MILER: My personal opinion is that truth, like honesty and non-harmfulness, often are at odds with one another. It’s a very difficult thing to navigate, “When should I be honest?,” and “When should I be trying not to hurt?” There’s a reason why the world, right now, is dominated by a bunch of lies. It’s because they’re easier. They’re a lot easier to deal with. Full truth is going to be half really pretty, beautiful stuff, and half the darkest shit you could imagine. So yeah, any wisdom or knowledge seeker in the world knows that the further you go, the more light means the more darkness, the more hurt and the more pain. That is an age-old, timeless reality. I think the answer to your question is an unequivocal yes.
Right from the start of both of your careers as actors, you’ve done a really varied assortment of roles in TV and film. With so many young actors presumably vying for the same roles, has it been important to you, in making a name for yourself, to really show the range of what you’re capable of?
KRAVITZ: I’m not trying to show anyone anything. I’m just trying to do stuff, and hopefully people react well to it. Acting and making art is just something I love to do, and I love to tell stories that feel important, honest and necessary. It’s not about me. It’s about being part of something. If one took a role with the intention of, “I’ll show them what I can do!,” then it’s not going to be good because the ego is going to just block everything.
MILLER: I completely agree with Zoe. But, at the same time, there is something to be said for being cautious of being pigeonholed and celebrity crucified.
KRAVITZ: Yeah, but you avoid that, just by being honest. You don’t like just one thing, you like all kinds of things, so you just do that, and then you’re not pigeonholed.
MILLER: Exactly. Essentially, it comes down to that cheesy, old phrasing of being true to yourself. If you’re worrying about anything else, then you’re not actually doing what you want to do. Eventually, that will creep up from under that big, old rug.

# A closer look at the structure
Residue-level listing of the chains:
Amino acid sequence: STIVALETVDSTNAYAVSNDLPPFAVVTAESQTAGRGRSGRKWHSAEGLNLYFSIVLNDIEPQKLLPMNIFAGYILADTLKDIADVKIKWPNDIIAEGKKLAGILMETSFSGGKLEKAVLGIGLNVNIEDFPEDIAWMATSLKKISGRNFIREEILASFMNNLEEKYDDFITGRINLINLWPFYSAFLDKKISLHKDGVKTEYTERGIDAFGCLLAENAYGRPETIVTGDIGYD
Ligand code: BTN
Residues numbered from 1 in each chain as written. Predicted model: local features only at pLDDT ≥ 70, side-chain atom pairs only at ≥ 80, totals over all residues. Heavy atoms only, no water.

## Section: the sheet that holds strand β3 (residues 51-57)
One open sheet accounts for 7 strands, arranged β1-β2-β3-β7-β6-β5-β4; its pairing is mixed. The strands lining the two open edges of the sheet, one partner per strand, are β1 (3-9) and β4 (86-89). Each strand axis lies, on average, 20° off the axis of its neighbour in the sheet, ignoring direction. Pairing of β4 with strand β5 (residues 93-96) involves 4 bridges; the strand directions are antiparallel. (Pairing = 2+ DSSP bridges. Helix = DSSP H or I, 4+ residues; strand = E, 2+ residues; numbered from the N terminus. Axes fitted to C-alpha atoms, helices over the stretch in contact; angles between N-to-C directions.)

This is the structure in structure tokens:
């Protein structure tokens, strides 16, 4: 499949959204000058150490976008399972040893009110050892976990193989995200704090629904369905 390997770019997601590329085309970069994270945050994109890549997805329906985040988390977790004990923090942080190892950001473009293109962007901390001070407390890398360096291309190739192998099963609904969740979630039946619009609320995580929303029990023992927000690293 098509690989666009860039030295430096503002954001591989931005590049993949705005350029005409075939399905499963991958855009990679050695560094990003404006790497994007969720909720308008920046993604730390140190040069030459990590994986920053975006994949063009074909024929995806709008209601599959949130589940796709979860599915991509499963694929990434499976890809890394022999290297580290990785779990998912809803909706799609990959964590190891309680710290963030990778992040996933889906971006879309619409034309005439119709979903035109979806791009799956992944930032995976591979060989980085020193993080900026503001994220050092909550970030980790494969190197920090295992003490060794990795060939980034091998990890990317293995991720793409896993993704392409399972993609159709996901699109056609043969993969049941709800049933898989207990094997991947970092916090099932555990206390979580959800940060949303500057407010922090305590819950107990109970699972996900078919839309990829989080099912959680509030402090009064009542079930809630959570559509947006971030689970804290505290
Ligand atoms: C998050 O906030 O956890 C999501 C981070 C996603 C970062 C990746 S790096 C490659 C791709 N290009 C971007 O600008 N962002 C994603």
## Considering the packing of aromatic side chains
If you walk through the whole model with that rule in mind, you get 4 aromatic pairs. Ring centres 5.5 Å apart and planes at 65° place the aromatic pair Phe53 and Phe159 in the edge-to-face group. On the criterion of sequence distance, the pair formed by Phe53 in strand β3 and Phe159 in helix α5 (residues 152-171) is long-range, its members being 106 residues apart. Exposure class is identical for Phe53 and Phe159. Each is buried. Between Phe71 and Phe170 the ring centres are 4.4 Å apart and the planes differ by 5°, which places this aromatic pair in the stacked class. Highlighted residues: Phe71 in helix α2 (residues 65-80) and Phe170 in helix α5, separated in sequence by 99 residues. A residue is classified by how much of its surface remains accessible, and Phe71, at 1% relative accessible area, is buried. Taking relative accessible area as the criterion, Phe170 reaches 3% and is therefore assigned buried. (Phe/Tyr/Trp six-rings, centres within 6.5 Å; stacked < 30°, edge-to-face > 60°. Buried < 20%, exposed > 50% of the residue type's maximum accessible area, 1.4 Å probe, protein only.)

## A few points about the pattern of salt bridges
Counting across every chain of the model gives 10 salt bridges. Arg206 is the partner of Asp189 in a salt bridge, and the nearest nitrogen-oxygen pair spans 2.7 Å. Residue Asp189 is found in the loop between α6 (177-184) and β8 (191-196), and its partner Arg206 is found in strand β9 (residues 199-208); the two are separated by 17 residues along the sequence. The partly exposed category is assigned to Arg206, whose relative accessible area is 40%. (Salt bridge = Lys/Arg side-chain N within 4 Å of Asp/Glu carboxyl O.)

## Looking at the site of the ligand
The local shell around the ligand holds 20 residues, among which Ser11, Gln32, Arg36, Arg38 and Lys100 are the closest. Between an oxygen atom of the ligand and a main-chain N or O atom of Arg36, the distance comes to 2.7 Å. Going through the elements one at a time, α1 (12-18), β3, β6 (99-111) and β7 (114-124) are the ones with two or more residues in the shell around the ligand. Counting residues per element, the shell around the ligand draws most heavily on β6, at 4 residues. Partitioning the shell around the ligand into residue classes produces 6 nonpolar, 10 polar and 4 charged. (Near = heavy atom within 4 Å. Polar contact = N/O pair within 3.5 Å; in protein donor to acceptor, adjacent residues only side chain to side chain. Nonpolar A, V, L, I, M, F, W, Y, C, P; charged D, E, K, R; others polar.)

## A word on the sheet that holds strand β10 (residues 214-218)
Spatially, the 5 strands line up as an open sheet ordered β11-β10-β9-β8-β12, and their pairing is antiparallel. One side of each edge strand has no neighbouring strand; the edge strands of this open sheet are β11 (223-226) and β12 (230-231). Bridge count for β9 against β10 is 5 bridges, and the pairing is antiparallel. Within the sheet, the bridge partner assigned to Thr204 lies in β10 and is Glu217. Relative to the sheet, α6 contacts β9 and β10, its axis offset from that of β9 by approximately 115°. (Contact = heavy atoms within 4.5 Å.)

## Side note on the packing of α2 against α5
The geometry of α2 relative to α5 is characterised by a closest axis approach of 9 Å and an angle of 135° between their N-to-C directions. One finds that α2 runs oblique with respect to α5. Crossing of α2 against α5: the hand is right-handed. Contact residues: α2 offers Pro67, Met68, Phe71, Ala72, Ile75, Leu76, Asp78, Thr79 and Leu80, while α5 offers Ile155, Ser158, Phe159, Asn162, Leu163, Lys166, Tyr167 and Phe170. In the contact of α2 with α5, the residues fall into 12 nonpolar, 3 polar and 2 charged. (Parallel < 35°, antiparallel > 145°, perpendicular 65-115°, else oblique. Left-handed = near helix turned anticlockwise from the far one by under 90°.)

Are there things that you look for, when you’re deciding which projects you want to sign on for? Does it start with the script for you, or do you also look at who’s involved?
KRAVITZ: All of those things. There are definitely names that make my ears perk because I like their work. Of course, a script is just as important. If there’s a story there, then I want to help tell it. Sometimes it’s less about the character and more about the story, for me. I’ll play a rock in the background, if I think the story is fantastic and I can be a part of it, somehow. That’s what I look for.
Do either of you know what you’re going to be doing next, or are there things that you’re focused on now, as far as where you want to go next with your career?
MILLER: I just want to make art, forever.
KRAVITZ: I’m playing music with my band. I have a film, Yelling to the Sky, that I did a few years ago, that’s finally coming out at the end of fall, beginning of winter. And then, I’m supposed to do Mad Max. It’s been pushed so many times that I’m just waiting for the go-ahead on that one. That’s it. I’m just in the process of reading scripts and seeing what turns me on.
MILLER: We finished The Perks of Being a Wallflower about a month ago. That’s coming out in the spring, and I suspect that it will be awesome. I also have two other films coming out in the next few months. One of them is called We Need to Talk About Kevin, and the other one is called Another Happy Day.
Beware the Gonzo is available VOD from August 25th – October 27th, with a limited theatrical run beginning September 9th.